Lawn mowing height?

Discussion in 'Lawn Mowing' started by smlc451, Jul 16, 2014.

  1. Ridin' Green

    Ridin' Green LawnSite Fanatic
    Male, from Michigan
    Posts: 13,847

  2. herler

    herler LawnSite Fanatic
    Posts: 5,144

    You're still cutting it short, I cut at 4" and up.
     
  3. Ditta&Sons

    Ditta&Sons LawnSite Bronze Member
    Posts: 1,494

    AND UP? my mowers dont go any higher, id have to buy bigger wheels
     
  4. smlc451

    smlc451 LawnSite Member
    Posts: 109

    4" all summer or just later in the summer?
     
  5. Ridin' Green

    Ridin' Green LawnSite Fanatic
    Male, from Michigan
    Posts: 13,847

    3.5 - 4" is all you need. Higher than that and most machine start leaving stragglers badly. I cut at 3.5- 4" all season long.
     
  6. PenningsLandscaping

    PenningsLandscaping LawnSite Bronze Member
    Posts: 1,855

    3.5-4, shorter than 2.75 is crazy, above 4, unless your machine is great with tall heights your cut quality may suffer. Right on the money. I'll only cut shorter than 3 if it's a weekly customer that insists on it, and I will not skip after that cuz their lawn is dormant. Too bad.
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  7. PicturePerfectLawns

    PicturePerfectLawns LawnSite Gold Member
    Posts: 3,308

    To the original poster, I once did some deep thinking on this subject at once time, and it took me a while to figure it out. Your referring to "University Studies" telling you to cut a particular grass at a particular height. For example, many University Studies say to cut St. Augustine at 3" for example. I cut St. Augustine at a minimum 4" - 4.5". Why and what I learned from these stories? Go back and read the study. How much water does it say to put down per week? It all boils down to temperature, water, and so on before you get a good HOC. You can't get a correct HOC without knowing these factors. In the article you read, it may say cut at 3", but it may also say water 1" per week. With that said, I have customers that want their St. Augustine cut at 3", yet they have an isolating sprinkler on a hose in their lawn. The go to work in the day, come home turn the sprinkler on, and claim their lawn is "irrigated." Do they know their water pressure output? Do they know how much water that isolating sprinklers putting out? It can take an isolating sprinkler 3 up to even 6 hours to put out a full inch of water over a 2,000-4,000 square foot area. Are they running their sprinklers for five hours or the appropriate amount of time after work to get one full inch of water from that particular sprinkler? Most likely not, why would you cut at a HOC at 2.75" if it recommends at least 1" per water per week via University Research, yet it's not getting one full inch of water? Make sense? Irrigated lawns are much easier to cut at such heights, but when I say "irrigated" that's a diverse word. Most customers are using big-box sprinklers and don't now what their putting out, and A LOT of people even have irrigation systems and still don't know how much their putting out. You can read study after study, but we all know in a drought and heat, cut high and it does better especially when not given adequate water, especially when we're on drought restrictions. With that said, I have St. Augustines that I'm now cutting at 4.5" to 5" over this past month due to the extreme drought. One of my best looking St. Augustine lawns is cut at 4.5" every week.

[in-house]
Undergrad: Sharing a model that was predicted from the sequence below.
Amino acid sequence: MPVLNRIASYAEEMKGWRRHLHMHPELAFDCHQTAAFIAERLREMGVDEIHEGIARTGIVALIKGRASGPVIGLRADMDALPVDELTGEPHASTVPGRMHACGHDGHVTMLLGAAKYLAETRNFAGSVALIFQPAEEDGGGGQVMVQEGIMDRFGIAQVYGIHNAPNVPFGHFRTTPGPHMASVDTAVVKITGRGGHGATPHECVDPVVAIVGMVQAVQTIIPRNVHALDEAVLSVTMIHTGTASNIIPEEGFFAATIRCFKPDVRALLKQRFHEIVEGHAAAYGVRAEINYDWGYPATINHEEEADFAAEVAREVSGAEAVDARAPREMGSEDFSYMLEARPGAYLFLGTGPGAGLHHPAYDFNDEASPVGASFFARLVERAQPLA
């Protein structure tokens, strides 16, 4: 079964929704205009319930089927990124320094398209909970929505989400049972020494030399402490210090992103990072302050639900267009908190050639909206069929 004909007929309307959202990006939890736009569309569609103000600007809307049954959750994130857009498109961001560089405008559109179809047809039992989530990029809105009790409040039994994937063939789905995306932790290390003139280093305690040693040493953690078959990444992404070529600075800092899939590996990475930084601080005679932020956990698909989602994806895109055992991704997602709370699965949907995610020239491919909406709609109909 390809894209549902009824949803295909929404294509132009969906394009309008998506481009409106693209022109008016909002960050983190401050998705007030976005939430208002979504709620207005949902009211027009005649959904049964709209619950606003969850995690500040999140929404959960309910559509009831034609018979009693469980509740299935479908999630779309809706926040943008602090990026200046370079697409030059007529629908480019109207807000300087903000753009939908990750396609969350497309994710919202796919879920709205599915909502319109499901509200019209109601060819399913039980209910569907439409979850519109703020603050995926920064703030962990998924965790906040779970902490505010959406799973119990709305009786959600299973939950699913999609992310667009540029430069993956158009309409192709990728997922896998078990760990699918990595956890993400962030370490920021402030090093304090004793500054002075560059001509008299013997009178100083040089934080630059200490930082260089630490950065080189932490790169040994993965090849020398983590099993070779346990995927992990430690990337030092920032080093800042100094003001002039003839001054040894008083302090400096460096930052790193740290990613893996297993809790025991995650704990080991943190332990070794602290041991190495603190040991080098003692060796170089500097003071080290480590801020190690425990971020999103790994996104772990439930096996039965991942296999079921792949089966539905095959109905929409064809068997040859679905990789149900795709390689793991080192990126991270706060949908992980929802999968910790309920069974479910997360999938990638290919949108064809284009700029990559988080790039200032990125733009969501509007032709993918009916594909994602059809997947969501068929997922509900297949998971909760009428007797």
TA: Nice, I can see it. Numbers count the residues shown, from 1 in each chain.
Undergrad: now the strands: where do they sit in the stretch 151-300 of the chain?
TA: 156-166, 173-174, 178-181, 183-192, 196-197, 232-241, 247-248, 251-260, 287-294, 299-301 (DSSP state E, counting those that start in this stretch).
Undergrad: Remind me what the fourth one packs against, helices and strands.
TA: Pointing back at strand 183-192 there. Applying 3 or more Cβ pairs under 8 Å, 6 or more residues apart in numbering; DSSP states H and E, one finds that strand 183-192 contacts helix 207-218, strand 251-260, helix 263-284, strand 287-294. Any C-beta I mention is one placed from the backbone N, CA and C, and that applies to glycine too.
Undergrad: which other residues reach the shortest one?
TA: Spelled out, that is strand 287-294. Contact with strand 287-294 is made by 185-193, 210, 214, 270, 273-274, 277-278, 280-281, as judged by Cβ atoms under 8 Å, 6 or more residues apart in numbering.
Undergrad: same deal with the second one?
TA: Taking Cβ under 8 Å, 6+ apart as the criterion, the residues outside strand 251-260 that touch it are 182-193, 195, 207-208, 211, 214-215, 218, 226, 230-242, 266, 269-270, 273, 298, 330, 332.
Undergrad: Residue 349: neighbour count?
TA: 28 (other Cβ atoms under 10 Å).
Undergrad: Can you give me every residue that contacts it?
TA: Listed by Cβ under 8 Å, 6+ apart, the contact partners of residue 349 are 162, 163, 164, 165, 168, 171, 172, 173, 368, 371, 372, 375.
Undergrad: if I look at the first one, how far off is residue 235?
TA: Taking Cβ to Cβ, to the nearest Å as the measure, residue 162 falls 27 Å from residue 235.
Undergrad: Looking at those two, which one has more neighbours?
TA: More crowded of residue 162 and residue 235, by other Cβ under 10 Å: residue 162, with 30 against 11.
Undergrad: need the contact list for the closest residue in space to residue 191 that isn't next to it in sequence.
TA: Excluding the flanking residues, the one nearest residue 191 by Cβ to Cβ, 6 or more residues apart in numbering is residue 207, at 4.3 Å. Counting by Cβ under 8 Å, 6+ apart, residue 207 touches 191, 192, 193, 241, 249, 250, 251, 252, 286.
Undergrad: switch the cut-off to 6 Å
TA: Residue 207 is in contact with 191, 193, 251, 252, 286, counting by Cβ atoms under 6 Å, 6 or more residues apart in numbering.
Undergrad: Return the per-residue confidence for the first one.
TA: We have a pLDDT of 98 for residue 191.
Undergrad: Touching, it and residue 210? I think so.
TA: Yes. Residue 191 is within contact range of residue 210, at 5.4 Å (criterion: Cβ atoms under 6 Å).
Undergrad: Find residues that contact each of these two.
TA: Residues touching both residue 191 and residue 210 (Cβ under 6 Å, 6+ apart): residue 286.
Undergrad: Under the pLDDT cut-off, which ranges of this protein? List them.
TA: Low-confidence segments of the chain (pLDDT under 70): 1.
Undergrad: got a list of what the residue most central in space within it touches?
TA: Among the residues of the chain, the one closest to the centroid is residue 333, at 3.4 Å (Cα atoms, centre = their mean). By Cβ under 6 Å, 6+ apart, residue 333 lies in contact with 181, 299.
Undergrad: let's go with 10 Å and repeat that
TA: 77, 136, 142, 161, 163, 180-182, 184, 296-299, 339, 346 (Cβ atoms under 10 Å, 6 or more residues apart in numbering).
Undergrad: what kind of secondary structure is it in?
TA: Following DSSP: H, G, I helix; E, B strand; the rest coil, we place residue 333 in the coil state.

8. PicturePerfectLawns

    PicturePerfectLawns LawnSite Gold Member
    Posts: 3,308

    One rule I live by now days, if you're going to cut it like a golf coarse, YOU MUST, water it like a golf coarse. Which you (my customer) don't do, thus, I can't cut it like a golf coarse.
     
  9. smlc451

    smlc451 LawnSite Member
    Posts: 109

    Good advice on the watering stuff..what is HOC btw?
     
  10. smlc451

    smlc451 LawnSite Member
    Posts: 109

    Haven't had to water all year, it has been raining like crazy up here.
     

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